US Senate talks advance as government workers shut down

US Senate talks advance as government workers shut down

Congress voted on Monday to end a three-day US government shutdown, approving the latest short-term funding bill as Democrats accepted promises from Republicans for a broad debate later on the future of young illegal immigrants.

Earlier in the day Trump encouraged the Senate's Republican leaders to invoke the "nuclear option" - a procedural maneuver to change the chamber's rules to allow passage of a budget by a simple majority of 51 votes to end the shutdown.

Monday's resolution came as the government shutdown entered its third day and threatened to have a greater impact on the public - with hundreds of thousands of government employees expected to be furloughed and federal services potentially jeopardized. He's one of 10 Democrats running again in states that Trump won in 2016.

Senate leaders have reached an agreement to reopen the government.

According to the multiple reports, Trump has held calls with Republican leaders, including Senate Majority Leader Mitch McConnell and House Speaker Paul Ryan, but has stayed out of touch with Democrats.

"I think if we've learned anything during this process it's that a strategy to shut down the government over the issue of illegal immigration is something that the American people didn't understand", McConnell said.

The Senate has started a vote to advance the bill reopening government. If it gets the necessary 60 votes, and the House concurs - which is not assured - the Senate could begin considering immigration plans.

"Negotiating with President Trump is like negotiating with Jell-O", Schumer said. The measure gained 50 votes to proceed to 49 against, but 60 were needed to break a Democratic filibuster.

-Any move to halt deportation efforts aimed at immigrant "Dreamers", who were brought to the U.S.as children and are now in the country illegally.

Without a quick deal, most day-to-day operations in the federal government will be disrupted. As do comments made by Democrats from Congressional Black Caucus Chairman Cedric Richmond (Senate Democrats "are getting their butts kicked") and California Sen.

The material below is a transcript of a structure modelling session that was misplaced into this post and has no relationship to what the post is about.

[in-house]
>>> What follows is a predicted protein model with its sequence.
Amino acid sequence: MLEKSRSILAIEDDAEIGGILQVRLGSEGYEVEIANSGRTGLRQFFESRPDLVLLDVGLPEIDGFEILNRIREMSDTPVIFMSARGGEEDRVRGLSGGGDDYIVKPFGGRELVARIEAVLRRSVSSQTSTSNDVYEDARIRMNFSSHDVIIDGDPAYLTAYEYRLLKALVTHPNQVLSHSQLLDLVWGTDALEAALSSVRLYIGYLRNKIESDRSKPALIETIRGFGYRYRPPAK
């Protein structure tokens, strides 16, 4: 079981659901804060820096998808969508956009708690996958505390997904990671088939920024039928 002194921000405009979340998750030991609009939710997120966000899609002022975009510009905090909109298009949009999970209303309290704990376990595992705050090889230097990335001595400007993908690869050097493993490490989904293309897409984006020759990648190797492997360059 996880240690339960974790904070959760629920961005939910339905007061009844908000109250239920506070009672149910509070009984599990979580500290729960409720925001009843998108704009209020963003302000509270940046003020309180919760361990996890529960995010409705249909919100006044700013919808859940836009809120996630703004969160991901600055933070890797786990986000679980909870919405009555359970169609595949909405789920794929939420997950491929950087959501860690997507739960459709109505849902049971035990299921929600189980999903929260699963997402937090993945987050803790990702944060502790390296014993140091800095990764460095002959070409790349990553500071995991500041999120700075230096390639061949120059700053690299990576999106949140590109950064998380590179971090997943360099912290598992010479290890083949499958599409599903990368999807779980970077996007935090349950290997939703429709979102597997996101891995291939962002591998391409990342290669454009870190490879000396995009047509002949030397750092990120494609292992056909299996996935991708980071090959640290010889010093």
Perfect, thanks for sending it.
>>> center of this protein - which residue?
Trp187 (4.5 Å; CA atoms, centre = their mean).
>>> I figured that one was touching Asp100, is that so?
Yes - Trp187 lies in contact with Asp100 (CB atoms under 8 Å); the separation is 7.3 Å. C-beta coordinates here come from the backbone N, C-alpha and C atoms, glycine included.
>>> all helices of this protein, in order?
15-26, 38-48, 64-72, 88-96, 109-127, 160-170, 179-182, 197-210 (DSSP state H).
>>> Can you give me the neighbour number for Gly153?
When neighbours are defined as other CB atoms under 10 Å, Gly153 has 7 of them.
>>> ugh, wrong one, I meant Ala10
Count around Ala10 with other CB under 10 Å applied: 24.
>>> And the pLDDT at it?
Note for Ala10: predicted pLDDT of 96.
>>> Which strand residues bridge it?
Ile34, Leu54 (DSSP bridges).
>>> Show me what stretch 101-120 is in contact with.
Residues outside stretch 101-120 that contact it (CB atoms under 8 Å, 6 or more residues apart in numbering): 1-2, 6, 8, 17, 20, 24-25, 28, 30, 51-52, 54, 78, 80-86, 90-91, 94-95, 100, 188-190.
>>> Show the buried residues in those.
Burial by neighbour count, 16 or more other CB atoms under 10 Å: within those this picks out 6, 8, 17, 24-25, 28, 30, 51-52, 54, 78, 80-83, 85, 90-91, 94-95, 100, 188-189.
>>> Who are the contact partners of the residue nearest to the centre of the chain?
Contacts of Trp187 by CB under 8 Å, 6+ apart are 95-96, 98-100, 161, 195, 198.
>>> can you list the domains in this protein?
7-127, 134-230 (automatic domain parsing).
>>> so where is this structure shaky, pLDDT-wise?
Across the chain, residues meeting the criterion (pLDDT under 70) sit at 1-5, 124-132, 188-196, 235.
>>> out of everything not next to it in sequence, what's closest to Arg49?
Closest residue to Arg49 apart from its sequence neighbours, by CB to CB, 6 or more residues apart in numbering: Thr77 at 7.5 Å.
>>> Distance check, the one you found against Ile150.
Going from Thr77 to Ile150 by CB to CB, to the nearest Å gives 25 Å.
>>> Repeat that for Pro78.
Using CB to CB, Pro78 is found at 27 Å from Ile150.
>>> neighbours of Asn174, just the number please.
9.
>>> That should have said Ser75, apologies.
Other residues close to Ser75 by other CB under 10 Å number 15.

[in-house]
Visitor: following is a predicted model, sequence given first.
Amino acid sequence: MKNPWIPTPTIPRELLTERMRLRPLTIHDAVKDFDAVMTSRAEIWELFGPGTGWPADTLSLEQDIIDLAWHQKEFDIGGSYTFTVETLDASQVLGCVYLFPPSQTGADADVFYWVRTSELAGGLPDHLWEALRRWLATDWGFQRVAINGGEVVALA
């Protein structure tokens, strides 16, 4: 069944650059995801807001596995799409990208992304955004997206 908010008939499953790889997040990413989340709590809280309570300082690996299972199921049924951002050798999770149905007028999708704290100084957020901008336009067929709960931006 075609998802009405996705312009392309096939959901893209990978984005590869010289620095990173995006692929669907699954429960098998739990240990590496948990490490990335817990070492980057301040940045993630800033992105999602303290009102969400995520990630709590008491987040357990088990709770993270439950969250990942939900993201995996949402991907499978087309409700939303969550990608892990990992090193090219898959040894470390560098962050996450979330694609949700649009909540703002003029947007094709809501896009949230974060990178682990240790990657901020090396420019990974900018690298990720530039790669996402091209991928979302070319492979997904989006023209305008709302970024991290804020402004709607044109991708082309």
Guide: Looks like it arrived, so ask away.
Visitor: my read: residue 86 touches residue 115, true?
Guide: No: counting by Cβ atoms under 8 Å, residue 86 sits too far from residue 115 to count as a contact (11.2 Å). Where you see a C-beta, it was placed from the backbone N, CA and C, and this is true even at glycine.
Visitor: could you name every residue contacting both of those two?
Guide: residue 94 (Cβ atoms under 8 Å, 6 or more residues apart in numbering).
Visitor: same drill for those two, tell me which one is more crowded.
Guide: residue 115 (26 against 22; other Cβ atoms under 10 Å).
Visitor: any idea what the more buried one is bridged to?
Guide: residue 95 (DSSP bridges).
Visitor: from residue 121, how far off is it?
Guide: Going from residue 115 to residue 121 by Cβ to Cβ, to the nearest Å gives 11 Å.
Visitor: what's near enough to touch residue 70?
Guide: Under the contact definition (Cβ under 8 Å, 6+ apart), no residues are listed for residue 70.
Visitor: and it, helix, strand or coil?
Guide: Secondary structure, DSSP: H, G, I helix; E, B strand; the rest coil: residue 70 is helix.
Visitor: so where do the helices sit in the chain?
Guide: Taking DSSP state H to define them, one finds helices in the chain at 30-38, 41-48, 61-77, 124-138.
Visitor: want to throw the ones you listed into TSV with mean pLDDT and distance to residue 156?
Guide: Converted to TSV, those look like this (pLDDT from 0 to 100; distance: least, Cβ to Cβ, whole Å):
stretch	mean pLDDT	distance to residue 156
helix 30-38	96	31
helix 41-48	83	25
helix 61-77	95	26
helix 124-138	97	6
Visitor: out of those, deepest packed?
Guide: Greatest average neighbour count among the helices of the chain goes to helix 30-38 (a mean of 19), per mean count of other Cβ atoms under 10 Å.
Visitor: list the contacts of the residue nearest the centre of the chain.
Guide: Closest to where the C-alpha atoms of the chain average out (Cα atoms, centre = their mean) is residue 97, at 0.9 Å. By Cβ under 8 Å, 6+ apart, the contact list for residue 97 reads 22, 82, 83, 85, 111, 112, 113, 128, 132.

Trump's shifting positions, particularly on protections for young immigrants, twice scuttled deals that could have avoided the shutdown, frustrating Republicans and Democrats alike.

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But the White House appeared in no mood for bipartisanship or magnanimity after a shutdown that overshadowed Trump's first anniversary in office.

"We're going to open the government and solve immigration at the same time", said Republican Senator Lindsey Graham.

There were indications Sunday that Democratic resolve was beginning to waver, with growing worries that a prolonged shutdown could prove to be an electoral headache for the party just as it has grown more confident about prospects in November. Senator Mitch McConnell is seen here speaking on the night of the shutdown. These are law-abiding immigrants, brought here as small children, eager to contribute to the only country a lot of them have ever known. Among those also opposing the measure were Elizabeth Warren of MA and Bernie Sanders of Vermont.

"This is the first time in history that under Republican control that we're going to take up this issue on the floor", Hawaii Sen.

"Last week, I was moved to tears of joy when Democrats stood up and fought for progressive values and for Dreamers".

Graham - once a strident opponent of Trump's who has developed a cozy relationship with the president over the past few months - said over the weekend that he is skeptical of numerous president's advisers, especially White House senior policy aide Stephen Miller, who push Trump in a conservative direction on immigration as soon as he seems to want a compromise. Next up, a final vote on a Republican proposal to extend government funding until February 8th.

"I expect the majority leader to fulfill his commitment to the Senate, to me and to the bipartisan group, and abide by this agreement". The Republicans had been insisting on longer, at least a month.

"Three days late, it is nonetheless a positive development", he said, "that enough Senate Democrats have finally agreed to what Republicans proposed all along".

Asked by ABC News if he was referring to Trump's senior policy adviser, Stephen Miller, a hardliner on immigration and close adviser on the issue to Trump, Graham said: "I'll just tell you his view of immigration has never been in the mainstream of the Senate".

President Trump, a Republican, said in a statement: "I am pleased that Democrats in Congress have come to their senses". Whether Trump would back the emerging plan or any later proposal on immigration is an open question.

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